On the afternoon of the 15th, the British Army took up its position on a ridge about 4 miles long, which ran parallel to the rivulet of Albuera and at about 600 yards distant from it.  On the right the heights were step.  To the front of the centre of the army lay the village of Albuera itself with a bridge over the river.

Alten’s KGL were placed in Albuera, while Hamilton’s division along with most of the Portuguese cavalry formed the Allied left wing to the north of the village and Major General William Stewart’s 2nd Division (including th 29th Foot) formed up on a hill just to the west of Albuera. The right wing of the Allied army was to be supplied by the four Spanish infantry divisions, while the Allied cavalry and artillery along with the 4th Division provided a strong strategic.

Beresford deployed his troops on the reverse slopes of such hills as could be found on the battlefield; unable to see the Allied army, Soult was still unaware that Blake’s Spanish divisions had come up during the night. Thus, on the morning of 16 May 1811, the Marshal proceeded with an attempt to turn the Allied right flank.  Soult’s first move was to launch a strong feint attack towards Albuera. He sent Godinot’s infantry brigade, flanked by  light cavalry and supported by artillery, across the bridge towards the village.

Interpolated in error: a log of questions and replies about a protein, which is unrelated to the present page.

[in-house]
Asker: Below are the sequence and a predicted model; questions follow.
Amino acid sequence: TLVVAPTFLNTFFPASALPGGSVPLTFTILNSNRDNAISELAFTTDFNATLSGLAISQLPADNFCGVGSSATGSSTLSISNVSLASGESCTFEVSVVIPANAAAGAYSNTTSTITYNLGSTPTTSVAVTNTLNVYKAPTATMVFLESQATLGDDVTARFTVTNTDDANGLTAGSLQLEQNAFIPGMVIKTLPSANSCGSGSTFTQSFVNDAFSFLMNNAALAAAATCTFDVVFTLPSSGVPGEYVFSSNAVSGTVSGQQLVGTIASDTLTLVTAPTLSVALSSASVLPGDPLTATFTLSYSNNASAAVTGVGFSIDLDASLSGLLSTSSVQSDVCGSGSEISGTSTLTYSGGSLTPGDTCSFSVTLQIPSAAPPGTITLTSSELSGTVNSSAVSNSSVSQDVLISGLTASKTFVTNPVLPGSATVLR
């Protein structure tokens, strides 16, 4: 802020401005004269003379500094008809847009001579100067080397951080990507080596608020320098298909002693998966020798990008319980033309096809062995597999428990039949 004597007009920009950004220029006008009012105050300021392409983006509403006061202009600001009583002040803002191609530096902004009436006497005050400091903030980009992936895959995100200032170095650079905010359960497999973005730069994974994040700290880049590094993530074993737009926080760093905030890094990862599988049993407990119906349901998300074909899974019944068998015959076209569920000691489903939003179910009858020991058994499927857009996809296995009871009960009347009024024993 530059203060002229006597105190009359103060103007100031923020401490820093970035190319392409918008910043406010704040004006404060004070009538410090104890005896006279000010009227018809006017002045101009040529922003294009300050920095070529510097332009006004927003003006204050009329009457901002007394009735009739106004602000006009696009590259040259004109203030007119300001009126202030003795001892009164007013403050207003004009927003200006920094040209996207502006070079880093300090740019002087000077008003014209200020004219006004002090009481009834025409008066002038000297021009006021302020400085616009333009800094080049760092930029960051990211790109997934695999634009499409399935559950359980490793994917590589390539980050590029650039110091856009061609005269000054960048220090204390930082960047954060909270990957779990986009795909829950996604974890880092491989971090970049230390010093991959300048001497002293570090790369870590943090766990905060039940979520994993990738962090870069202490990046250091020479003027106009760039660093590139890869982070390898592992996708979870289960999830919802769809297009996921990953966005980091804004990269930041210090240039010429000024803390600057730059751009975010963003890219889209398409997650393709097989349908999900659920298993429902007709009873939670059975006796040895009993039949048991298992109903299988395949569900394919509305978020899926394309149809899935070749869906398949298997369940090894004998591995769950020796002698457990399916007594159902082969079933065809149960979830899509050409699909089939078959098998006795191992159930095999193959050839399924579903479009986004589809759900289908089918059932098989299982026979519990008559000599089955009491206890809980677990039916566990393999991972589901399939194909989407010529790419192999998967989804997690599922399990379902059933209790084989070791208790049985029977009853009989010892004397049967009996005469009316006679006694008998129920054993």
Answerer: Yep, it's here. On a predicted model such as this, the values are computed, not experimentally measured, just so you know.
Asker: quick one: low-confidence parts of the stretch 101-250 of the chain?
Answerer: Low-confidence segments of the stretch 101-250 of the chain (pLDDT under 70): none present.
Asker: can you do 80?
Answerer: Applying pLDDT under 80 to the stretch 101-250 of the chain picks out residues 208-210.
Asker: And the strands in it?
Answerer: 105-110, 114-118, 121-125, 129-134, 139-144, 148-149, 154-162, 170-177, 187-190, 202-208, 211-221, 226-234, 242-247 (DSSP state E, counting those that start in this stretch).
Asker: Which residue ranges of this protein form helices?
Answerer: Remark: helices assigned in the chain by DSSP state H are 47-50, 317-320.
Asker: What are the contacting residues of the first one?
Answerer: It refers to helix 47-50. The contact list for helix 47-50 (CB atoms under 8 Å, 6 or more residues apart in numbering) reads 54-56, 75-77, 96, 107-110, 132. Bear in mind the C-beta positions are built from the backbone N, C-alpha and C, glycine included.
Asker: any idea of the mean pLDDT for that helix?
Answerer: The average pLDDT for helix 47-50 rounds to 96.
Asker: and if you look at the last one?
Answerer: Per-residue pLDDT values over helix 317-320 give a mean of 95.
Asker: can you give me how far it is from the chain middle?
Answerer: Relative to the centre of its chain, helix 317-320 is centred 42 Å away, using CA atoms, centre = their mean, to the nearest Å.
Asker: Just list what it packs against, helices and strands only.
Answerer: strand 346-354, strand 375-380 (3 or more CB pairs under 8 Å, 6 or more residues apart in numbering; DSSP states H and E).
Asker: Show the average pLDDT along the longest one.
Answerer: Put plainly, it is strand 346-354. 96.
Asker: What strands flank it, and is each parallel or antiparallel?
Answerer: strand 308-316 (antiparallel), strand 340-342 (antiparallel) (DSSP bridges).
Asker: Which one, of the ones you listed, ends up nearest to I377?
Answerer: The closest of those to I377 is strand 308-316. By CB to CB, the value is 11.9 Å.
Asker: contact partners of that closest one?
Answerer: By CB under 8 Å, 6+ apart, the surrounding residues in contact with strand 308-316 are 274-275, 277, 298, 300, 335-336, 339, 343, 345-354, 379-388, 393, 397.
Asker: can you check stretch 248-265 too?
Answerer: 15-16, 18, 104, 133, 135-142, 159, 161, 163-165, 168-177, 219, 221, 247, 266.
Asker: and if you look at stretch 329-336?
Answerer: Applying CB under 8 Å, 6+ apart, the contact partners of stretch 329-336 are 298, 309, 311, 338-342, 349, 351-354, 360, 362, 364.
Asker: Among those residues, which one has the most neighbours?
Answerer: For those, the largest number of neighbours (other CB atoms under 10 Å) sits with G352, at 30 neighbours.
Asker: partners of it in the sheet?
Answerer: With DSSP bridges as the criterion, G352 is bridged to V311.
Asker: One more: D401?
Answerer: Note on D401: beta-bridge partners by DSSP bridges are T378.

At the same time two brigades of dragoons and Werlé’s infantry brigade showed themselves on Godinot’s left, advancing out of an olive wood in front of Blake’s position to Alten’s right.  With a large concentration of French troops now menacing the village, the Allied commanders sent reinforcements to Alten’s aid.

While the Allies were bracing themselves for a frontal assault on their centre and right, Soult was preparing his real thrust. The two V Corps divisions of Generals Girard and Gazan, preceded by a cavalry brigade, swung left to begin the Marshal’s flanking move—their progress was concealed by intervening olive woods, and the first the Allies knew of them was when four French cavalry regiments burst from the southern end of the woods, crossed two brooks, and scattered Loy’s Spanish cavalry on the right of Beresford’s lines.